Option 1:  By Eurostar & TGV...

This is the cheapest, fastest and most comfortable option from London to Genoa.  The whole journey can be done in just one day.

London ► Genoa, Cinque Terre, La Spezia

  • Step 3, travel from Turin to Genoa by regional train, leaving Turin Port Nuova at 21:30 and arriving Genoa Piazza Principe at 23:30.

  • For Cinque Terre & La Spezia, stay overnight in Turin, and continue the next day.  You can check train times from Turin to La Spezia or Monterosso or any of the other 4 Cinque Terre villages at www.trenitalia.com.

La Spezia, Cinque Terre, Genoa ► London

How much does it cost?

How to buy tickets

  • If you're going to Genoa, you can book from London to Genoa all in one go at www.raileurope.com.  Use the Eurostar times on this page as a guide, but feel free to choose an earlier Eurostar from London or a later Eurostar back from Paris if these have cheaper seats available or if you'd like to stop off in Paris.  To book London to Turin with a stopover for lunch in Paris, simply click More options and enter Paris with a duration of however many hours you want. There's a small booking fee.  You'll get print-at-home, show-on-smartphone or ticketless tickets.

  • If you're going to La Spezia or Cinque Terre, step 1 is to go to www.raileurope.com and book from London to Turin and add this to your basket.  To book London to Turin with a longer stopover in Paris for lunch, simply click More options and enter Paris with a duration of however many hours you want.  Step 2, now use www.raileurope.com to buy a ticket from Turin to Monterosso or La Spezia for the following day, add this to your basket and check out.

  • Alternatively, you can book the London to Paris Eurostar online at www.eurostar.com and print out your own ticket.  Then buy a TGV ticket from Paris to Turin at en.oui.sncf (a bit fiddly, has been known to reject some overseas credit cards, but no booking fee) or www.thetrainline.com (small booking fee), again with a print-at-home or show-on-smartphone ticket.  Then book from Turin to your chosen Italian destination at either www.italiarail.com (they'll refund the small booking fee to seat61 users if you email them at seat61@italiarail.com with your PNR) or Italian Railways' own site www.trenitalia.com.  Regional trains require no reservation, so you may as well buy this ticket at Turin station when you get there, but InterCity trains require a reservation and have cheaper fares if you pre-book, so book this up to 90 days ahead at either www.italiarail.com or Italian Railways' own site www.trenitalia.com.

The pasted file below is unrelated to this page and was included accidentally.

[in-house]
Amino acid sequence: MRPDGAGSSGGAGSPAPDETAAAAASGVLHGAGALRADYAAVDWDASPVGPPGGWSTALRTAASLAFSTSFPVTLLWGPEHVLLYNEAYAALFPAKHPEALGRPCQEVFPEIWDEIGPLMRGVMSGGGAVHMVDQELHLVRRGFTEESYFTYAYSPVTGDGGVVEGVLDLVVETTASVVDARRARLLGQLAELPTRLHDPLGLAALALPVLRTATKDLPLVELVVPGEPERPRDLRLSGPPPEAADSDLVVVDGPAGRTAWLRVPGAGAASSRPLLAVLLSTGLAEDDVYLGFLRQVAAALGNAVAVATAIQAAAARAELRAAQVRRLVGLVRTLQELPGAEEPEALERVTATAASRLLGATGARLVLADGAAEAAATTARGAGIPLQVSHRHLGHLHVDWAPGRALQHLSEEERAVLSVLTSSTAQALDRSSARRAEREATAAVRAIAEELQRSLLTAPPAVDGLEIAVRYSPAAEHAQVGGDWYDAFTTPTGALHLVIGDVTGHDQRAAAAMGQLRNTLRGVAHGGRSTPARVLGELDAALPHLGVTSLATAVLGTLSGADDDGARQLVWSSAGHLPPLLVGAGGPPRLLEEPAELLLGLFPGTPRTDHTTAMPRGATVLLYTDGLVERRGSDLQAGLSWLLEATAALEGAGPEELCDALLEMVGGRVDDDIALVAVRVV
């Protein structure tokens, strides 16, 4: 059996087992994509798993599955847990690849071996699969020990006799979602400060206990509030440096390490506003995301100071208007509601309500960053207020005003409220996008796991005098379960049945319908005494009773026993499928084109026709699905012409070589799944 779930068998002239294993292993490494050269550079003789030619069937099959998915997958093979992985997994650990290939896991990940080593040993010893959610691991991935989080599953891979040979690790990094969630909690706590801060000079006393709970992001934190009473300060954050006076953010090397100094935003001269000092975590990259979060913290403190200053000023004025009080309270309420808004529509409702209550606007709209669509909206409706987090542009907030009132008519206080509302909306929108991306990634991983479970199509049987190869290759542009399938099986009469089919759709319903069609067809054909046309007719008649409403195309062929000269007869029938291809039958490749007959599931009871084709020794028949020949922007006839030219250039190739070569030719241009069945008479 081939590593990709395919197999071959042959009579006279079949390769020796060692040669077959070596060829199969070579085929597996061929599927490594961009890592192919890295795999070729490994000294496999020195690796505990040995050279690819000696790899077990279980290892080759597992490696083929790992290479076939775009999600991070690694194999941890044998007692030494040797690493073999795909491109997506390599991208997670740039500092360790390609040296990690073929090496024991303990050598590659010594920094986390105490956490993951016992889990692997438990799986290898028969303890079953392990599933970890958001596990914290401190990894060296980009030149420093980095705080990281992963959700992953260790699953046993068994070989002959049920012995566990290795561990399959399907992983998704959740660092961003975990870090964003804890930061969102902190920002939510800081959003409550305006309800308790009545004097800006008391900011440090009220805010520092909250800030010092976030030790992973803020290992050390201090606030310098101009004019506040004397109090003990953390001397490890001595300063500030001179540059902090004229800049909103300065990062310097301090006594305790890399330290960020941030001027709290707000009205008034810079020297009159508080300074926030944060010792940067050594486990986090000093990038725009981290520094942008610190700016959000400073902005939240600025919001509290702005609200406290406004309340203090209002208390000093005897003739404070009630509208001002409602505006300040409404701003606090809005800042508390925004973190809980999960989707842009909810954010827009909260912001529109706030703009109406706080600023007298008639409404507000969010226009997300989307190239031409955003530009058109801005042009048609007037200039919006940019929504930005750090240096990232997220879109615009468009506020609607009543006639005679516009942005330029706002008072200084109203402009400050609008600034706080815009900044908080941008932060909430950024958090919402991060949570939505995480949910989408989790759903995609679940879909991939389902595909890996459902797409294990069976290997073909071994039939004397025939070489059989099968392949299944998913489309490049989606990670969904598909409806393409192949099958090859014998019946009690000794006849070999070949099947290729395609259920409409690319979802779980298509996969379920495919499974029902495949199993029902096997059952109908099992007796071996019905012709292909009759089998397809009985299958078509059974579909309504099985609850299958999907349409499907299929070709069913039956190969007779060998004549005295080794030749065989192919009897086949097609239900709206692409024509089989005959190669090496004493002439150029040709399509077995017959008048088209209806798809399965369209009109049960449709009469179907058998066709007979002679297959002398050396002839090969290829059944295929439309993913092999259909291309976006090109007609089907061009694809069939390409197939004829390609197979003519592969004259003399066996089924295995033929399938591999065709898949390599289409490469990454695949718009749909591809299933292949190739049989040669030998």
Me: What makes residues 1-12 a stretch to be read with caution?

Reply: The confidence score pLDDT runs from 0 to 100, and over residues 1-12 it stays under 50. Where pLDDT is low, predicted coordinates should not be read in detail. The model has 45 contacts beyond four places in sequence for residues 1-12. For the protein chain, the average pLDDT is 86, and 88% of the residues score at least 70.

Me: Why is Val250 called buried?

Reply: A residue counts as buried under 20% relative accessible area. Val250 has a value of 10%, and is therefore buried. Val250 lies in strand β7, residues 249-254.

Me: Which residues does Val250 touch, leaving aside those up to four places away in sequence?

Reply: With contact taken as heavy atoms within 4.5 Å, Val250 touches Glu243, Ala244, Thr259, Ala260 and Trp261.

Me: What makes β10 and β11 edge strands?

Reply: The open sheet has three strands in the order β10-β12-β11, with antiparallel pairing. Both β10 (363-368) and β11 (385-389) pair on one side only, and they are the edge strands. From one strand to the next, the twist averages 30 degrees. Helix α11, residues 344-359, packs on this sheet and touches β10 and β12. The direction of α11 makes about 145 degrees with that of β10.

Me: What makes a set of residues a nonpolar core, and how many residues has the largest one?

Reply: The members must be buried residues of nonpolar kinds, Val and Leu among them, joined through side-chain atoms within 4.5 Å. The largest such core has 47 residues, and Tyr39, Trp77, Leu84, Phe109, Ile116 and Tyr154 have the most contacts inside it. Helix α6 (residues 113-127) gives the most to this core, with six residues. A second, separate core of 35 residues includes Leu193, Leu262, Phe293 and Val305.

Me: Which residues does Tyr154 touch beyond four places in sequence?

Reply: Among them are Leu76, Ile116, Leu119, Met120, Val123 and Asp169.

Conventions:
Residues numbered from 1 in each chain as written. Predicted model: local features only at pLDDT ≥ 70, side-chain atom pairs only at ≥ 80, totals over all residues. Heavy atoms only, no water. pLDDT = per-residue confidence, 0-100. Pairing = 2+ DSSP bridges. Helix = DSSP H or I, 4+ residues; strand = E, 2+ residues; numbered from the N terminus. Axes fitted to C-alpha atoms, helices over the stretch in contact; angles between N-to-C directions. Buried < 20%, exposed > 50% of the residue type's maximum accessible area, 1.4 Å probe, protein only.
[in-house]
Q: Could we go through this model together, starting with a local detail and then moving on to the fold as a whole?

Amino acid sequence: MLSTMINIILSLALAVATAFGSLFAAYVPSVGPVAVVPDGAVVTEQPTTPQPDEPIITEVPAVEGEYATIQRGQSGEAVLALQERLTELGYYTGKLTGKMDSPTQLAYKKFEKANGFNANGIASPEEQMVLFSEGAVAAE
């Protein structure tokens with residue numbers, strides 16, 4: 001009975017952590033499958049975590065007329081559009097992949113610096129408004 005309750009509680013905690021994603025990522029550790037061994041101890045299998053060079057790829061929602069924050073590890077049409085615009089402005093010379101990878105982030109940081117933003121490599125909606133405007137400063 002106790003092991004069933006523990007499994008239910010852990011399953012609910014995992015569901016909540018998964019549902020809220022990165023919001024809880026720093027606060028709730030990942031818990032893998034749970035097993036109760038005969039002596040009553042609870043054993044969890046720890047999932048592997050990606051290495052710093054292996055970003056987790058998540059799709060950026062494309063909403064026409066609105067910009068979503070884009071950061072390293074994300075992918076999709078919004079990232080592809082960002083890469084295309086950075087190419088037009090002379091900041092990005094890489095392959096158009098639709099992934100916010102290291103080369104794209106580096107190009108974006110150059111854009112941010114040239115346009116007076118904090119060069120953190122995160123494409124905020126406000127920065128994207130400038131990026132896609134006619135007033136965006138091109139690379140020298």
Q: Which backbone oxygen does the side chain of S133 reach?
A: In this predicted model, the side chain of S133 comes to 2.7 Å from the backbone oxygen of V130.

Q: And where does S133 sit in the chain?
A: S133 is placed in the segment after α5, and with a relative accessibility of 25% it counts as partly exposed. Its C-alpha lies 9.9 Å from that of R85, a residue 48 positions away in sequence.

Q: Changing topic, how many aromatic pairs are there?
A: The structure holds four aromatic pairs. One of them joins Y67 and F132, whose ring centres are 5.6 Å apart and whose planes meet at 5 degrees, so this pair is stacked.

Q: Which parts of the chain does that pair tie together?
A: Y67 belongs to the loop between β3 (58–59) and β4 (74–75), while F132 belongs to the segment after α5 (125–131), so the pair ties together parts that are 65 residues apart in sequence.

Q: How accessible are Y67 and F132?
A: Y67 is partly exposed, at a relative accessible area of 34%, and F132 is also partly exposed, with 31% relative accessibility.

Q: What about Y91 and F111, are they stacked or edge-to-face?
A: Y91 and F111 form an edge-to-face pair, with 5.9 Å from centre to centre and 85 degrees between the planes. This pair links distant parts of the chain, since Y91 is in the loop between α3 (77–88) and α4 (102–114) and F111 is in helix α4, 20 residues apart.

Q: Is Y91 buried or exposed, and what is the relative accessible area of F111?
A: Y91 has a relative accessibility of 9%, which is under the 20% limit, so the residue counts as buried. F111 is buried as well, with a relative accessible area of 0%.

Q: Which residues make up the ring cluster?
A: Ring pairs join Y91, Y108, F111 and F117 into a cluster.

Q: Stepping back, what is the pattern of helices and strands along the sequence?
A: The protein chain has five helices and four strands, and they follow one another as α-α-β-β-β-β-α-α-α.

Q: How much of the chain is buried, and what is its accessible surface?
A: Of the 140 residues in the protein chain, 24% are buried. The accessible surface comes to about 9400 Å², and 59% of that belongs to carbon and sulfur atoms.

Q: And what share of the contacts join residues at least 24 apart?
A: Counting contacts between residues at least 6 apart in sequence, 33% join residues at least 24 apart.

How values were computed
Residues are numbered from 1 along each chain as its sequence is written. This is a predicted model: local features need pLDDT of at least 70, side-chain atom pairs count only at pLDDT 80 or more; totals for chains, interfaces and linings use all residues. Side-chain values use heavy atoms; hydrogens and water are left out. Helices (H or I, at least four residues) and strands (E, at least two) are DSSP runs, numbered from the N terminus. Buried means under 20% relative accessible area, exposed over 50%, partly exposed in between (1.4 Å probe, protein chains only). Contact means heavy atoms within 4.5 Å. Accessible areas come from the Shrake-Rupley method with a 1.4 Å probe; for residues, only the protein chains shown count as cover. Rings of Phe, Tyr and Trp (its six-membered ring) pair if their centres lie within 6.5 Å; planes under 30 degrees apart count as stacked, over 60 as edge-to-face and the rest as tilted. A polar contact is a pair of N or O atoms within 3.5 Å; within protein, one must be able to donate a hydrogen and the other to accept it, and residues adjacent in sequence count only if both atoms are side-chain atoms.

• To buy tickets by phone:  It's cheaper and in many ways easier to buy online, as you can see for yourself which departures are cheapest for each stage of the journey and you avoid phone booking fees.  Online booking is possible 24/7, but most telephone booking agencies only work office hours on weekdays.  However, if you still want to phone someone, here's a list of UK-based train ticketing agencies with phone numbers & opening hours.

Option 2:  By Eurostar and TGV via Nice...

London ► San Remo, Genoa

  • Day 1, travel from London to Nice by Eurostar & TGV, using any option shown on the London to France page.